Measure would ban sex offenders from Facebook, MySpace

March 2, 2010 6:45:02 PM PST
Registered sex offenders in California may soon be barred from using social networking sites like Facebook and MySpace. San Francisco District Attorney Kamala Harris is sponsoring legislation she believes will protect children from predators.

If it becomes law, registered sex offenders in California would face jail time if they are caught on social networking websites. But, critics say the question really is, "How will those predators be caught?"

Most everyone agrees, young people are vulnerable to those they meet online, especially sex offenders.

"These young people are disclosing a lot about themselves and they are developing relationships of trust with perfect strangers," Harris says.

San Francisco's District Attorney Kamala Harris is behind the bill proposed by Assemblywoman Norma Torres of Los Angeles County that would ban registered sex offenders from using social networking sites.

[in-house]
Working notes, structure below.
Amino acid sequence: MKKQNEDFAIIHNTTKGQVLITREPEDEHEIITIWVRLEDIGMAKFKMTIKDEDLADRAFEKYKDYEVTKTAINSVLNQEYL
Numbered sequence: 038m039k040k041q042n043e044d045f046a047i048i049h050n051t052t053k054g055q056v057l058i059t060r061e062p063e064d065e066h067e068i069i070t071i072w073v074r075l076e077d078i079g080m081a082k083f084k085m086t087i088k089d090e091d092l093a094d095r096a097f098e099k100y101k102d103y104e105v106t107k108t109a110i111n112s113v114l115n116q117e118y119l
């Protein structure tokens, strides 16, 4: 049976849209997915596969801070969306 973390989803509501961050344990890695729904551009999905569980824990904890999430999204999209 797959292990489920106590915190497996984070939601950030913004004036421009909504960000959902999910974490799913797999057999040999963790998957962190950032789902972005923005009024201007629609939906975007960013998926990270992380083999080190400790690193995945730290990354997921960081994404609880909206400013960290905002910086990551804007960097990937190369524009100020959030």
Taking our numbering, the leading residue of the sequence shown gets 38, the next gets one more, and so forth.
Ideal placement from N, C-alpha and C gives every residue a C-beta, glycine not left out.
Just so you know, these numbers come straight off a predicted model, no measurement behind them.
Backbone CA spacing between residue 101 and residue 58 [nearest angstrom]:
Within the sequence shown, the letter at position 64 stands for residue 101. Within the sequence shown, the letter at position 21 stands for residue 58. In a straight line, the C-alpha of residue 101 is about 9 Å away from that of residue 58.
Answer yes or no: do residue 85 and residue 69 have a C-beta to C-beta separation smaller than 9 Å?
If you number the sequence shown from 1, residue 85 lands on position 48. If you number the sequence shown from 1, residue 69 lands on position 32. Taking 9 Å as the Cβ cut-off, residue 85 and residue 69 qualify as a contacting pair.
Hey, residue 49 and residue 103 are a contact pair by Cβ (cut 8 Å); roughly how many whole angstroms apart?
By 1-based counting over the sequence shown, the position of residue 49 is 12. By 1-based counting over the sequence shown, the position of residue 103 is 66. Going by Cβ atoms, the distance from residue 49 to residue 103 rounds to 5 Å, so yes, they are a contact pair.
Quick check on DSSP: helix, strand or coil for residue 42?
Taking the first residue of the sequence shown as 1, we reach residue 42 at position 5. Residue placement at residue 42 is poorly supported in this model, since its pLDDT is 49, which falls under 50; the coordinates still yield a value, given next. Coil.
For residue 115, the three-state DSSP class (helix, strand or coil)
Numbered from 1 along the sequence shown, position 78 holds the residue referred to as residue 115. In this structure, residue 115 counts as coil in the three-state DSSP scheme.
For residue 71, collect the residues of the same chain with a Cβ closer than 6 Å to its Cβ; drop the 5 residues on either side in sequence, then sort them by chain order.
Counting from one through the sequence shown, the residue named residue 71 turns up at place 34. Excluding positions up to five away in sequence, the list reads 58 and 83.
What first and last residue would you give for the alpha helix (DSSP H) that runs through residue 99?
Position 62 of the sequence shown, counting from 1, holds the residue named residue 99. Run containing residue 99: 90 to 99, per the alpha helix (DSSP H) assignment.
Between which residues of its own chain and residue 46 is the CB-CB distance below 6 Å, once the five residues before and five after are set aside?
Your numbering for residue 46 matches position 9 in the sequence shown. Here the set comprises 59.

"There is so much going on in kids utilizing technology, social networking sites, that we don't really know all the ways in which we can better protect kids, but this is a good first step," says Debbie Lee, with the Family Violence Prevention Fund.

The most obvious question is, "How will it be enforced?"

Harris says, "The way you enforce it, is you enforce it as we do as the lieutenant talked about, in terms of figuring out and responding to tips, responding to information that we receive," says.

"We are inviting you to tell us, to tell your parents of what is happening to you when you are on the internet," says Torres.

Chris Kelly was chief counsel for Facebook, which four years ago banned registered sex offenders from the site. Like Harris, Kelly is running for attorney general. He says California needs a more comprehensive law like the one New York has.

"What we need to do is require offenders to provide more information to the state so that sites can do it more effectively," he says.

Kelly helped New York Attorney General Andrew Cuomo's office draft the 2008 law called the Electronic Security and Targeting of Online Predators act known as "e-STOP." New York requires that all registered sex offenders must provide their e-mail addresses, site usernames and online profiles.

In New York, the information provided by a sex offender is then turned over to those companies that run social networking sites and it is another felony if they are caught.